The FDIC released new guidelines to bank examiners on Oct. 30, and they present a more "liberal" view of what is and is not a nonperforming commercial real estate loan. In theory, the regulations could reduce the number of bank write-offs.
The guidelines say that "while CRE [commercial real estate] borrowers may experience deterioration in their financial condition, many continue to be creditworthy customers who have the willingness and capacity to repay their debts. In such cases, financial institutions and borrowers may find it mutually beneficial to work constructively together."
The Wall Street Journal writes that a study by Foresight Analytics finds that "About $770 billion of the $1.4 trillion commercial mortgages that will mature in the next five years are currently underwater."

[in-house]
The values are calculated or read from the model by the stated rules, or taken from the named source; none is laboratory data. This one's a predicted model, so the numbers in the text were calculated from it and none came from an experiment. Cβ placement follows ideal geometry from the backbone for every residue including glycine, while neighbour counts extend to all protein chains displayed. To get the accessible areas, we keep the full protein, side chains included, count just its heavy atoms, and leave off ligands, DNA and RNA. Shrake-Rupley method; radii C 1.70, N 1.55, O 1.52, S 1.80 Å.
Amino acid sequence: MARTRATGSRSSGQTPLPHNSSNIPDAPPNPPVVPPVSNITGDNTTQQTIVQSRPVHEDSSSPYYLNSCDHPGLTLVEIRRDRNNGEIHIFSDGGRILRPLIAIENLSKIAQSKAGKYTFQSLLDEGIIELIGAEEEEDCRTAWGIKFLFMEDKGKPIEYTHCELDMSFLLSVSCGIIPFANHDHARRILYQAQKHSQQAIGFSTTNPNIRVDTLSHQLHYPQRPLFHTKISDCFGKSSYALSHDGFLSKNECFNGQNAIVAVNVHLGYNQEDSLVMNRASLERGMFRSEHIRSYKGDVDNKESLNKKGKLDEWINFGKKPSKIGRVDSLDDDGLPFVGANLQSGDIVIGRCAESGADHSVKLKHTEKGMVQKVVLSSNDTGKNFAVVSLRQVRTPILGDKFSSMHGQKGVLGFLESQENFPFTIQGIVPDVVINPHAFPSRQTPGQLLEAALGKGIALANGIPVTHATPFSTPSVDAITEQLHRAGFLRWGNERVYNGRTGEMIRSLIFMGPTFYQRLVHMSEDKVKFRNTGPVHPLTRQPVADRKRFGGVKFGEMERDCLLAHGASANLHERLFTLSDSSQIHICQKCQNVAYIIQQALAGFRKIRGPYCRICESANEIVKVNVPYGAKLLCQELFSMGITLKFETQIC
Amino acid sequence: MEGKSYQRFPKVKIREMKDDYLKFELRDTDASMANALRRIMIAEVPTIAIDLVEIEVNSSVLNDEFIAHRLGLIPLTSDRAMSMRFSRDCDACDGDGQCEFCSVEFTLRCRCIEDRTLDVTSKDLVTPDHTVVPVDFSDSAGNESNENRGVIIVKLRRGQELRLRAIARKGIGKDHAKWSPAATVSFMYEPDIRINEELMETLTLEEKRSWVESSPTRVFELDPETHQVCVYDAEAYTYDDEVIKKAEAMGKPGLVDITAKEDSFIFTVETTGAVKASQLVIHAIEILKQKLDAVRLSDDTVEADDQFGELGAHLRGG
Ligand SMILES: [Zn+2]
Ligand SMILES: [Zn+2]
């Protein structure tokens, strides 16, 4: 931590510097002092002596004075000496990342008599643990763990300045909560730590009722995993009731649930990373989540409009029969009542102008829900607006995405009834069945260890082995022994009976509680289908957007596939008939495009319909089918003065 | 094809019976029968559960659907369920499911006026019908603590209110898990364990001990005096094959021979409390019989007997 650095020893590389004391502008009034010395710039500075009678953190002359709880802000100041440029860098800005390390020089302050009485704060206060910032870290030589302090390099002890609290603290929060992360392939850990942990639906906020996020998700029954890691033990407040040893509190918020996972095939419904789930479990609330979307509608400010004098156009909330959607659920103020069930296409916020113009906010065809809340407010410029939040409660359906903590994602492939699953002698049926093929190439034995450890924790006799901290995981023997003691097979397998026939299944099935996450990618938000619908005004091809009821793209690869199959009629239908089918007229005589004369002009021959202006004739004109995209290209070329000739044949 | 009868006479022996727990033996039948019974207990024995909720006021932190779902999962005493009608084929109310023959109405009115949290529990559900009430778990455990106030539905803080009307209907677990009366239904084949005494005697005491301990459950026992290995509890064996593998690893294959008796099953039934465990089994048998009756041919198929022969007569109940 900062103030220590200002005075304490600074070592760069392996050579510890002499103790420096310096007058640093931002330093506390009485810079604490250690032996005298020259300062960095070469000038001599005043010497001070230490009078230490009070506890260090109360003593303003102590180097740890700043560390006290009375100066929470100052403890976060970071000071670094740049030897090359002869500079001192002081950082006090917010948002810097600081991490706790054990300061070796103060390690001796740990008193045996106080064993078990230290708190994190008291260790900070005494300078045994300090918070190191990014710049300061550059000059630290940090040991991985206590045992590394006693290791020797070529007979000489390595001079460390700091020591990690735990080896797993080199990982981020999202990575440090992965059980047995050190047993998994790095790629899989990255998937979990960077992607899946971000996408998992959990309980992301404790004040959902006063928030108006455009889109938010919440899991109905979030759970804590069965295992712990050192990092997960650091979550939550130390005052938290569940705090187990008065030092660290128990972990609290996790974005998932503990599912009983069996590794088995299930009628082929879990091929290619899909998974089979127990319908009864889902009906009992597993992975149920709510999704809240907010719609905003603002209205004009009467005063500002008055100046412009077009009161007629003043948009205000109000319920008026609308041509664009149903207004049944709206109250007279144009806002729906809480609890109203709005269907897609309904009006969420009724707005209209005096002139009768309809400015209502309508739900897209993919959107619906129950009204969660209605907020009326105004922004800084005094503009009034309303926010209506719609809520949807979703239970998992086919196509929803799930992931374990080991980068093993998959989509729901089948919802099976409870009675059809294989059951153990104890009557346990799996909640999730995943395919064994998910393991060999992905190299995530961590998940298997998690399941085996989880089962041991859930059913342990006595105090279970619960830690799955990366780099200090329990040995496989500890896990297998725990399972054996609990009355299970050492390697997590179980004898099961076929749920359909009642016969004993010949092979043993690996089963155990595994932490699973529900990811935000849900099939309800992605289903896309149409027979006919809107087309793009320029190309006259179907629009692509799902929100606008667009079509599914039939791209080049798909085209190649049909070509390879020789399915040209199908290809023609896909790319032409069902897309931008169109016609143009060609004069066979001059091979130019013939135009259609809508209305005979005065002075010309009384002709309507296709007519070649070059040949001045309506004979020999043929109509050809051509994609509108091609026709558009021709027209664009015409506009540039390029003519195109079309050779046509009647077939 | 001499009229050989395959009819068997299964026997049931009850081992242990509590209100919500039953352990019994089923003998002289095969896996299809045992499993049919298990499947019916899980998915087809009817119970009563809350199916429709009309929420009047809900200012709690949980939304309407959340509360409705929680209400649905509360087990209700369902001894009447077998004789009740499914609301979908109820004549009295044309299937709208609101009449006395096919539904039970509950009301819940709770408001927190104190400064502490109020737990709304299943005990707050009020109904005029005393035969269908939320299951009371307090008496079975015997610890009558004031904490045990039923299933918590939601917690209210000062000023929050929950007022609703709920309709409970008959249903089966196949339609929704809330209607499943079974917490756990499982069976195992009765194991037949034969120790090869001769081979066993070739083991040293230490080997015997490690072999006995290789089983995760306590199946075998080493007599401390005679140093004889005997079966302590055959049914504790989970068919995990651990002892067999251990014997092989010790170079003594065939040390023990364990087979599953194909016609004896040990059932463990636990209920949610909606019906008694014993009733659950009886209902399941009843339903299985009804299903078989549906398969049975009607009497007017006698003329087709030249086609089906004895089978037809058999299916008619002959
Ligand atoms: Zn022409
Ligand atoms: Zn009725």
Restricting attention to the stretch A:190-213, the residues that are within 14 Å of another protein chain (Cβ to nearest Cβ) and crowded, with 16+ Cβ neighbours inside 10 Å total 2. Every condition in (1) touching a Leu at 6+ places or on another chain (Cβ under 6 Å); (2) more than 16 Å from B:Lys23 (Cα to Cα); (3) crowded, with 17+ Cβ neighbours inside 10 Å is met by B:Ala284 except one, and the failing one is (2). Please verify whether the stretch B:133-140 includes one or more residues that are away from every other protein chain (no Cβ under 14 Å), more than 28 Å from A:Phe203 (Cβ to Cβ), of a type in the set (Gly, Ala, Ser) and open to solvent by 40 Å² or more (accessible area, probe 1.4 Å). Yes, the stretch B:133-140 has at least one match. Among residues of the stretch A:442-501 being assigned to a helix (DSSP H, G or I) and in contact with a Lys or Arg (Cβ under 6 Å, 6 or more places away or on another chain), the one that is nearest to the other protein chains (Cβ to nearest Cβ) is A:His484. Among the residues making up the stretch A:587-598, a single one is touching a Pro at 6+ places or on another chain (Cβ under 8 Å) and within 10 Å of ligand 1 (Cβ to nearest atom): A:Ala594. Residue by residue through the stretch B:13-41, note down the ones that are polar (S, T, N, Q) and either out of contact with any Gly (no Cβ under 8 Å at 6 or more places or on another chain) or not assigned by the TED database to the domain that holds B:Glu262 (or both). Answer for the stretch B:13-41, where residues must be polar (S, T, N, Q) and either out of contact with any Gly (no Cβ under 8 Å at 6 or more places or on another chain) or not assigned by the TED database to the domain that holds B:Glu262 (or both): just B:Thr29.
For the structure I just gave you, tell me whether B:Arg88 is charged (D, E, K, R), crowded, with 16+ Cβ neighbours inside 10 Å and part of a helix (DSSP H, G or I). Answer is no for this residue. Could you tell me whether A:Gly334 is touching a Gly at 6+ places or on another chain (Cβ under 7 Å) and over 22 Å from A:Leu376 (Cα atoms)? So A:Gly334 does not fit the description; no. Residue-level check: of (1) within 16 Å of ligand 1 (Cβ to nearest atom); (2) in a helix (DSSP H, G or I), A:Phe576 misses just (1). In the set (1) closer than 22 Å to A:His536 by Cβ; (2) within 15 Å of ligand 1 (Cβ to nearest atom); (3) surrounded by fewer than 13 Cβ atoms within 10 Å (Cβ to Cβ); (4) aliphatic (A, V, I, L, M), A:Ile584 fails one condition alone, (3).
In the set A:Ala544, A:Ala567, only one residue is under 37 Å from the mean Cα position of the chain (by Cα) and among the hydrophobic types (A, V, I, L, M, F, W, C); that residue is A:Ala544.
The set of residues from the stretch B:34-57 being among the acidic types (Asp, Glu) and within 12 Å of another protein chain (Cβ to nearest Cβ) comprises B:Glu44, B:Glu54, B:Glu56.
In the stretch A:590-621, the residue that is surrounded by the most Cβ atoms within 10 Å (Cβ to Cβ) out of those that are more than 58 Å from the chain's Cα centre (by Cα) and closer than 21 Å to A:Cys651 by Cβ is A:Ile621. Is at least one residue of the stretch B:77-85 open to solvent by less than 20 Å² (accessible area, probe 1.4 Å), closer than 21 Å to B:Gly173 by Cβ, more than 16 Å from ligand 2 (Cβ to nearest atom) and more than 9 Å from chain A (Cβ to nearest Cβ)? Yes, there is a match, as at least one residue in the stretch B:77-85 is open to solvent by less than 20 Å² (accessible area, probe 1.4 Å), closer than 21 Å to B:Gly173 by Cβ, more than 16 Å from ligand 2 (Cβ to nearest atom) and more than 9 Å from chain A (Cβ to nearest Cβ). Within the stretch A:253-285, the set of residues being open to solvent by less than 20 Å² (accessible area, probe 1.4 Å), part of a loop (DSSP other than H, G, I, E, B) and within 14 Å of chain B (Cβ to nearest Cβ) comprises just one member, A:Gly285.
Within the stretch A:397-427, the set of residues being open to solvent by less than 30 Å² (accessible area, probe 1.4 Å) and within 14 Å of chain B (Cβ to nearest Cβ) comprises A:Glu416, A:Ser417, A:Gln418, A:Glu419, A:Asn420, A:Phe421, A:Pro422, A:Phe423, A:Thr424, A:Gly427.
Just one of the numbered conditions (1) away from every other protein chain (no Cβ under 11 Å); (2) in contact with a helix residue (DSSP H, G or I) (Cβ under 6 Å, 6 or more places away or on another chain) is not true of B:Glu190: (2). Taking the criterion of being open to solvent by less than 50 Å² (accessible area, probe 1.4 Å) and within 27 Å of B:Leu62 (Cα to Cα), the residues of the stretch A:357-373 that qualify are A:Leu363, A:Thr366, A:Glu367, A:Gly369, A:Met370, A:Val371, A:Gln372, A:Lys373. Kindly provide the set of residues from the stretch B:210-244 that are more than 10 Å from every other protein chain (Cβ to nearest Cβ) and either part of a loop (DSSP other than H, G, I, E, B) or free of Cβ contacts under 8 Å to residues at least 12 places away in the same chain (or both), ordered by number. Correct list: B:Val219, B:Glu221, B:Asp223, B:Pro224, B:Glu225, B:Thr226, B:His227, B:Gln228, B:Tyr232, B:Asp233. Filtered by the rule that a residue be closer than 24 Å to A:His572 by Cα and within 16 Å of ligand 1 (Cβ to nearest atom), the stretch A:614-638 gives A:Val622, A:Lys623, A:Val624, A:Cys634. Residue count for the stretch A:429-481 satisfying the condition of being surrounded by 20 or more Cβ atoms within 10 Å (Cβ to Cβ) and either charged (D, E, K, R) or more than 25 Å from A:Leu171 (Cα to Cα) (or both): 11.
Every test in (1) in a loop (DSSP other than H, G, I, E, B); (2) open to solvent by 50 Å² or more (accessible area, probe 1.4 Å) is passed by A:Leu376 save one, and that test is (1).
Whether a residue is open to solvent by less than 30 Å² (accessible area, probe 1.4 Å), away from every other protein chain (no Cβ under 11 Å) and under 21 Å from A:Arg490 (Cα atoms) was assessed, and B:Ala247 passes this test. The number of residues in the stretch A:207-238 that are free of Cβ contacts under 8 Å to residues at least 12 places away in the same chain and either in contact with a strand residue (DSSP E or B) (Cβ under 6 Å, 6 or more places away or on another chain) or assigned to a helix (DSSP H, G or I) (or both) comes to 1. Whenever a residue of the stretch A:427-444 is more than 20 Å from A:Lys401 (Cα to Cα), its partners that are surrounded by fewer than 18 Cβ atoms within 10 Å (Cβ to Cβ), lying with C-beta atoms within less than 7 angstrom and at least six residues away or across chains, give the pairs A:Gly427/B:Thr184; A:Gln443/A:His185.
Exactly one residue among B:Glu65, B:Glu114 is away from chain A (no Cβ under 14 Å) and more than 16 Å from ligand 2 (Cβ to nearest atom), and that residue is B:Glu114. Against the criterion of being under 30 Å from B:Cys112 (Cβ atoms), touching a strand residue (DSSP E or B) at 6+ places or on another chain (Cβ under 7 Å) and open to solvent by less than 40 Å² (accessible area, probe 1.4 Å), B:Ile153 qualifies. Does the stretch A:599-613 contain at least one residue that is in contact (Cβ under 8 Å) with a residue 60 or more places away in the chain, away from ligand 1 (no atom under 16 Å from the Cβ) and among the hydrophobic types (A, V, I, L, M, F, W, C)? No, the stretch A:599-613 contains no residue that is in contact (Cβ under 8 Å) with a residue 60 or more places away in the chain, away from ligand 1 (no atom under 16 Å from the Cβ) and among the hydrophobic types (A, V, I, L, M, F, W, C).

The change in how the current regulations should be interpreted appears to be a fudging of the way in which federal agencies look at bank financial statements. Loans that are "nonperforming" may be restructured, but many are likely to lose a great deal of their value in the process. The FDIC appears simply to be dealing with losses that would be incurred in the normal course of business by pushing the true accounting for them into the future.
It is to the political benefit of Washington to make it appear that the banking sector is getting better. It also probably helps the FDIC, which is essentially insolvent, from having to come up with billions of dollars to insure deposits at failing banks.
In the meantime, the next wave of real trouble in the financial industry is being partially swept under the rug.
Douglas A. McIntyre is an editor at 24/7 Wall St.